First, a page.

Seven Ways of Looking at UFC 146

Photo by Esther Lin, MMA Fighting

UFC 146 is only a few hours away, and still these questions, concerns, comments and predictions are burning a hole through my keyboard. Here are seven, in no particular order.

I. You can call Frank Mir a lot of things, but a quitter isn’t one of them.
Junior dos Santos seems to think he folds up easily, and that this makes him "not a man" (sidenote: if you say this about someone, you don’t get to act surprised when he takes it personally, regardless of how they do things back home in Brazil). But while Mir’s chin has looked shaky in the past, he has too many comeback wins to be dubbed a quitter. Look at his first fight with Brock Lesnar. Look at his last fight with Antonio Rodrigo Nogueira (don’t worry, Mir will be more than happy to give you a gleeful account of it). He’s been in plenty of situations that looked like they were heading south, but his submissions game enables him to snatch a win from the jaws of defeat. Can he do it again against dos Santos? I have to admit I don’t like his chances, although if dos Santos thinks he’s facing someone who’s going to break easily, or who isn’t still incredibly dangerous even when (especially when?) he’s hurt, that might be the best break Mir could catch.


More Coverage: UFC 146 Results | UFC News

II. Believe it or not, there are times when being the UFC heavyweight champ isn’t exactly a dream job. Earlier this week we looked at a couple varying explanations for why the heavyweight strap has been so tough to hold on to, but all you need to do is look at how much more relaxed Cain Velasquez has been this week to know that there is at least some upside to being knocked out of that spotlight. It’s not just the pressure, Velasquez said, but also the constant interview requests, the media attention, plus all the travel that keeps you from establishing a consistent training camp. "Until you’re there, then you understand it, what kind of stuff you have to do," he said. Dos Santos seems to be holding up well under the strain so far. Then again, every fighter will tell you what a perfect training camp he had before the fight. Mishaps and distractions only seem to pop up in retrospect.

III. How much of a difference will Antonio Silva’s level of interest really make? "Bigfoot" told us this week that he was just going through the motions in his last fight, which is why, according to him, he got knocked out by Daniel Cormier. But now that he’s in the UFC, he insisted, he’s got plenty of motivation. At the same time, this is Cain Velasquez we’re talking about. He’s beaten up plenty of guys whose heads were all the way in the fight. Silva might have fists that are half the size of Velasquez’s skull, but he’s also going to have his work cut out for him against a former champ who’s looking to prove that he still belongs at the top.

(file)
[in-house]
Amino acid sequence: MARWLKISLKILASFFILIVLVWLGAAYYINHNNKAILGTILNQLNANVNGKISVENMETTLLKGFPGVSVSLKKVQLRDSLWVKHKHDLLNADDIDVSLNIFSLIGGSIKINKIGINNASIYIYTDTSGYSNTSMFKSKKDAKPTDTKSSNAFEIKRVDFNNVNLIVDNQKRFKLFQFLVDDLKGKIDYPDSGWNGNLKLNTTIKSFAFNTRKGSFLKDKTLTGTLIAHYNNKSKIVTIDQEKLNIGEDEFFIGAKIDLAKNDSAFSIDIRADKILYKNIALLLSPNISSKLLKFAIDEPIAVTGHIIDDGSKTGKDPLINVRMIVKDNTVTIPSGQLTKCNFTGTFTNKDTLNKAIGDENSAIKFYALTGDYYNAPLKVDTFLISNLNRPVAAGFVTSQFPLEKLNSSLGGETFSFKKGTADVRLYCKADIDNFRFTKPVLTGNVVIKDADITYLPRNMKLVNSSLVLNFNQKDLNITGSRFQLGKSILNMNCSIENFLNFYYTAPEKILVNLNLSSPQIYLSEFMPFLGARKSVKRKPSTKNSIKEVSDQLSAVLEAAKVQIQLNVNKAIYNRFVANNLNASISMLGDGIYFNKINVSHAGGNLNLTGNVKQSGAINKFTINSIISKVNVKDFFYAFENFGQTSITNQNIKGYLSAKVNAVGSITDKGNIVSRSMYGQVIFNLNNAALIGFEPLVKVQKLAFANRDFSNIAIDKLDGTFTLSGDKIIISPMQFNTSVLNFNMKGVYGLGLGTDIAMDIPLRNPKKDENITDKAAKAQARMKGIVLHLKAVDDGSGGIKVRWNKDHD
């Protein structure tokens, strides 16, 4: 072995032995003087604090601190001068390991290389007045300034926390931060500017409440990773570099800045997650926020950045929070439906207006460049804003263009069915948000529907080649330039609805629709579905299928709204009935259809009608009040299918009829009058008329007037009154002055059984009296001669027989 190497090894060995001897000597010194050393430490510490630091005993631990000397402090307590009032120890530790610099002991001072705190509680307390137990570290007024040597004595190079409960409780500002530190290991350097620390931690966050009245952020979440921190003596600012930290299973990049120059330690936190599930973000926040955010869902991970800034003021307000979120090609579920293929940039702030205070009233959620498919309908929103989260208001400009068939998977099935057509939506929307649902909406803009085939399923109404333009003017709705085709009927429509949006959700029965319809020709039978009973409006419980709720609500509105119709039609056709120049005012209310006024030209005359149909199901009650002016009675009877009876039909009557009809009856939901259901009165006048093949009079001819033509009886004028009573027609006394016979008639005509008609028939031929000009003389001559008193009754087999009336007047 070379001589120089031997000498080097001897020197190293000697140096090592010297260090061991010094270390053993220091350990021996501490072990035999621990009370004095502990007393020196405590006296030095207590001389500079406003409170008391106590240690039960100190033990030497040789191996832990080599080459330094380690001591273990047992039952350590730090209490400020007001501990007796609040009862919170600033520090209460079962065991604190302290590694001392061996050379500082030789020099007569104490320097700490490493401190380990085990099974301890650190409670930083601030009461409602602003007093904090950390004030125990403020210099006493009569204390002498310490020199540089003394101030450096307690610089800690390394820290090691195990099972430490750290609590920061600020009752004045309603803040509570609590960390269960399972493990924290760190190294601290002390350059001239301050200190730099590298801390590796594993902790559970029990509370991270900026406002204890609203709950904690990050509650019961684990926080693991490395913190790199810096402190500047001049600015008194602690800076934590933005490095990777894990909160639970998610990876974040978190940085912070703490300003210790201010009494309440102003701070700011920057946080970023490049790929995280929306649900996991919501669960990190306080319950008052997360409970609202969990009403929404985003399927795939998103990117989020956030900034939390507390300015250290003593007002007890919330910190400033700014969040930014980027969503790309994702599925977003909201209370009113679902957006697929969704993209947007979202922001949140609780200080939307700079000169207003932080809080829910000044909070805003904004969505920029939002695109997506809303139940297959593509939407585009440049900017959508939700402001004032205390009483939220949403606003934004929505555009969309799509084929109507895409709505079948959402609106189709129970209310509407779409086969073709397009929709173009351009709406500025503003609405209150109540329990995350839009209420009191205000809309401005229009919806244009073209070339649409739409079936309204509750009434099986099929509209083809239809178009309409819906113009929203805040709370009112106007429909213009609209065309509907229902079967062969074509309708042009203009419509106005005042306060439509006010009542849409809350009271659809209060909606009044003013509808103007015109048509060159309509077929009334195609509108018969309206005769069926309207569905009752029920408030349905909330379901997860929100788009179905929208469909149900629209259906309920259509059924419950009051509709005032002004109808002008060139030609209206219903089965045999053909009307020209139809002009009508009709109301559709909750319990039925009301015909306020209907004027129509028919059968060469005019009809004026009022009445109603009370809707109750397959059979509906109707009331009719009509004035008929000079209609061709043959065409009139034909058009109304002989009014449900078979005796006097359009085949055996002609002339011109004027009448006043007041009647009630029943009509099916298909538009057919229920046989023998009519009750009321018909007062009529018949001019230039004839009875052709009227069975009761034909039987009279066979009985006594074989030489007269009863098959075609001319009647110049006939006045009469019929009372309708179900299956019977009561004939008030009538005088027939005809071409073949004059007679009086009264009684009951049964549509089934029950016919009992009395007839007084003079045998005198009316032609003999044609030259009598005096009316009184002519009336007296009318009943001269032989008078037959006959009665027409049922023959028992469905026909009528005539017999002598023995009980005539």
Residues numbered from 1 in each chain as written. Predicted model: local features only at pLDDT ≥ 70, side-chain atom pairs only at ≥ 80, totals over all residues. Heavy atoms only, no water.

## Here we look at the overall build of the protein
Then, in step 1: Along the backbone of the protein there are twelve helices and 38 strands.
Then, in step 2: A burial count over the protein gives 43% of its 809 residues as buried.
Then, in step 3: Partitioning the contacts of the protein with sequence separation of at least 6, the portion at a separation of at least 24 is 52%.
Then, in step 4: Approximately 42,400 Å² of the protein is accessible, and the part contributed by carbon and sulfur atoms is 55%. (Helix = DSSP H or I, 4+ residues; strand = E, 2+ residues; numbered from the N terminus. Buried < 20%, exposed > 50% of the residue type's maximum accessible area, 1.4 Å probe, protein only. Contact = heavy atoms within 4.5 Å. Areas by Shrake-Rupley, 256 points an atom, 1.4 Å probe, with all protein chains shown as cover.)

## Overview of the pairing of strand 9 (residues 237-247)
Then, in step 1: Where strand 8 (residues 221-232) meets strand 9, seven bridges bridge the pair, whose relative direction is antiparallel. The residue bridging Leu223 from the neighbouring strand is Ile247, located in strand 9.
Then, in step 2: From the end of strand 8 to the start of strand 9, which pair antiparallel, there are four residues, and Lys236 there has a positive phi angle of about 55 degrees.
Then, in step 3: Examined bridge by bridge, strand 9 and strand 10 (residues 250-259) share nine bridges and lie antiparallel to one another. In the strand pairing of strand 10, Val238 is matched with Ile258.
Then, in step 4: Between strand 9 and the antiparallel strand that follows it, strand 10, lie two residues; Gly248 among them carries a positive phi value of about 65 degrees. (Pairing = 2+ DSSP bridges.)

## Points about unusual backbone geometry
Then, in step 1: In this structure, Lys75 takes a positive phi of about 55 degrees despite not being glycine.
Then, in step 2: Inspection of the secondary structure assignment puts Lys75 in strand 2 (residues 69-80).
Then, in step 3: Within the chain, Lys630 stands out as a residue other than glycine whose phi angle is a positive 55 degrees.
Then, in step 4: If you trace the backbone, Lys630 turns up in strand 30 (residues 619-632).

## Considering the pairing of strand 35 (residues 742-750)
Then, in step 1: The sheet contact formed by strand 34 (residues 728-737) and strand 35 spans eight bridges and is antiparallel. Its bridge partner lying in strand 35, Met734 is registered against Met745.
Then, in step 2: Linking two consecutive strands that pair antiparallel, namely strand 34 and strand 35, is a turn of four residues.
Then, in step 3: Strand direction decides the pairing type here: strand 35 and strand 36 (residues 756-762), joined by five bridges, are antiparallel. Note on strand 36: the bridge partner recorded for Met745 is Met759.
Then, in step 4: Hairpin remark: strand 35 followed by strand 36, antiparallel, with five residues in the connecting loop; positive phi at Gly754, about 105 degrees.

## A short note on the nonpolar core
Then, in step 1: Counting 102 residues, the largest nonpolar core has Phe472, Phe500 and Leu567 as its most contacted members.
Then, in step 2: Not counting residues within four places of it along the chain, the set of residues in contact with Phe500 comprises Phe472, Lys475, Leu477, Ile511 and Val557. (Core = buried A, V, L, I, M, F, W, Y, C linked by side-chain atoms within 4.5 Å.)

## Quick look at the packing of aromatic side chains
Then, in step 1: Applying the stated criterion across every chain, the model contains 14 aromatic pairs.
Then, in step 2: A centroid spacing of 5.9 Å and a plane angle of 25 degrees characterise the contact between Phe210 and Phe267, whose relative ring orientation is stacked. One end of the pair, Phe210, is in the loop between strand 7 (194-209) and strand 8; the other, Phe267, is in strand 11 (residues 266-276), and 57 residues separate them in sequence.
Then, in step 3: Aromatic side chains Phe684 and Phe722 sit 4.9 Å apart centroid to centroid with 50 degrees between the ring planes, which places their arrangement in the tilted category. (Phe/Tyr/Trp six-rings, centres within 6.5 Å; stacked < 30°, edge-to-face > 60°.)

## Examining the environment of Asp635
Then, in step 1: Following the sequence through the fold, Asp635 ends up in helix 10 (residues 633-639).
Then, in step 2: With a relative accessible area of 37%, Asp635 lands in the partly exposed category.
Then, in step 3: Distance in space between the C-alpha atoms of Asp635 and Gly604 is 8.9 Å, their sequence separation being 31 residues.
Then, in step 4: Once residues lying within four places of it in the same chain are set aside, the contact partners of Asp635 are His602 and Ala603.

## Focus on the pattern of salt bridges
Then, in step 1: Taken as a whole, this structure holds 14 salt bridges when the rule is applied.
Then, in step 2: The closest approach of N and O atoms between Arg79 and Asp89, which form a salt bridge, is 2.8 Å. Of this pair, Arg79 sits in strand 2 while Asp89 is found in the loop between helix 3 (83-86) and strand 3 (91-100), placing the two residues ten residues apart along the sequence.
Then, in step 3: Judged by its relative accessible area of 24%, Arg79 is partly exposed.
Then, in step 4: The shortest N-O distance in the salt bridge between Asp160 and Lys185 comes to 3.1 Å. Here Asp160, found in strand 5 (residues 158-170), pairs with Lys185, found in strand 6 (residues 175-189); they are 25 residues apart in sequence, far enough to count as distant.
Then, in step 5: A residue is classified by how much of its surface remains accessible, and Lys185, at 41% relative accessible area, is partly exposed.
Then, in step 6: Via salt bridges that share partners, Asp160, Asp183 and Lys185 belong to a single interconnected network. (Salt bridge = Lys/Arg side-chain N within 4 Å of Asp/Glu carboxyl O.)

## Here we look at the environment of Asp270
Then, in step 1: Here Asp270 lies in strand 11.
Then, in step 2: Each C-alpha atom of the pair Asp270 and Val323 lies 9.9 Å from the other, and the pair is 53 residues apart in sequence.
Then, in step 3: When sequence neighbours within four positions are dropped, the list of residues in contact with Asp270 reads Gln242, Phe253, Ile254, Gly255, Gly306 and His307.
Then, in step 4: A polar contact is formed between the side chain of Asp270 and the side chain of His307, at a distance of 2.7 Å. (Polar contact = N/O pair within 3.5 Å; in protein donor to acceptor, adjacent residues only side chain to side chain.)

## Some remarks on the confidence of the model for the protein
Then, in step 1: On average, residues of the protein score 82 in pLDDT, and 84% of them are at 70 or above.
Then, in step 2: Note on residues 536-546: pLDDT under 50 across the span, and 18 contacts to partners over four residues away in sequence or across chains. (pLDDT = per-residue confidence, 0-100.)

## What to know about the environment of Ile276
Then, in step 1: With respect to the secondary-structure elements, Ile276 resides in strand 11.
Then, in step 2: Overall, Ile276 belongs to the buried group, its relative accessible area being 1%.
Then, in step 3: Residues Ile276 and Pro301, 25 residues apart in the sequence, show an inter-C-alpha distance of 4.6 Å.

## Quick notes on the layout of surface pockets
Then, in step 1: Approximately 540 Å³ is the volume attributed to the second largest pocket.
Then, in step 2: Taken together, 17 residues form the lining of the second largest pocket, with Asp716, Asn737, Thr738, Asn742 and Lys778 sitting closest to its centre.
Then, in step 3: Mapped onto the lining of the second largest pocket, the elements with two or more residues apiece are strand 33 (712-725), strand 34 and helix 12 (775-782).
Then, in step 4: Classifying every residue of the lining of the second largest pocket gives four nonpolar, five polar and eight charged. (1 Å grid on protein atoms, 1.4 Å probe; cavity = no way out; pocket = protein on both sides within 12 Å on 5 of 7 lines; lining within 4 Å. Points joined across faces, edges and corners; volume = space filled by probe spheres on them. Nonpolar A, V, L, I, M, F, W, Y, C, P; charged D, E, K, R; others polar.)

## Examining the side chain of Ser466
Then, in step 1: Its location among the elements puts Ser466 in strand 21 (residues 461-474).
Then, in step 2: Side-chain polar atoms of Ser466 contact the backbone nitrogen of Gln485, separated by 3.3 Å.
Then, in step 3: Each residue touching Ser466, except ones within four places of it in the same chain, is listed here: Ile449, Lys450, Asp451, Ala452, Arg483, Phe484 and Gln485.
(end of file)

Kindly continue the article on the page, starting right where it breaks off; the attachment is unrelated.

IV. It’s make-or-break time for both Dan Hardy and Jason "Mayhem" Miller.
Everything we know about the way the UFC makes hiring and firing decisions tells us that these two need to win if they want to stick around. Coming close probably won’t cut it, and neither will exciting losses. A lot of fighters might be encouraged to play it safe in the hopes of edging out a win and clinging to employment, but not those two. I predict that will both Hardy and Miller will show up willing to risk total destruction in the pursuit of glorious victory. How will that go for them, however, I’m still not sure.

V. Lavar Johnson does not want to end up on the mat with Stefan Struve.
He knows it, Struve knows it, and he knows that Struve knows it. You factor in Struve’s reputation as a bit of a slow starter in his fights, and Johnson’s abbreviated training camp for this one, and it starts to seem like Johnson’s best hope is an early blitzkrieg. It wouldn’t be the first time Struve’s succumbed to an early bombardment. And let’s face it, the longer the fight goes, the more likely the short-notice aspect of it is bound to show in Johnson’s performance. I’m not saying his only chance is to go all James Thompson, gong-and-rush here. I’m also not saying it’s such a bad idea.

VI. What does Jacob Volkmann have to do to get off the Facebook prelims and into a fight with a top lightweight? Just kidding. We all know what he has to do. He has to win a fight that people actually want to watch. Putting fans to sleep for fifteen minutes, then making awkward political jokes in the post-fight interview isn’t going to do it.

VII. Is Dana White becoming a grumpy old man? He grumbles about that hippie Roy Nelson, with his beard and his mullet. And when "Mayhem" Miller strolled up to the weigh-ins with his boombox and pink boa, White eyed him like he was the punk kid who’d showed up to take his teenage daughter out. Even some of Dave Herman’s fashion statements seem to rub White the wrong way, and he didn’t look thrilled about Kyle Kingsbury weighing-in wearing a mankini. On some level, I get it. I can see why White would be wary about the UFC turning into one big physical comedy act. On the other hand, lighten up. The fans dig it, and at least it makes the weigh-ins halfway interesting without any failed weight cuts or on-stage brawls. So what’s the problem? Between the too-tight t-shirts and the f-bomb Twitter tirades, it’s not as if White fits the mold of the typical sports league president himself. You’d think a guy like that might have more patience for those who march to the beat of their own drummer.

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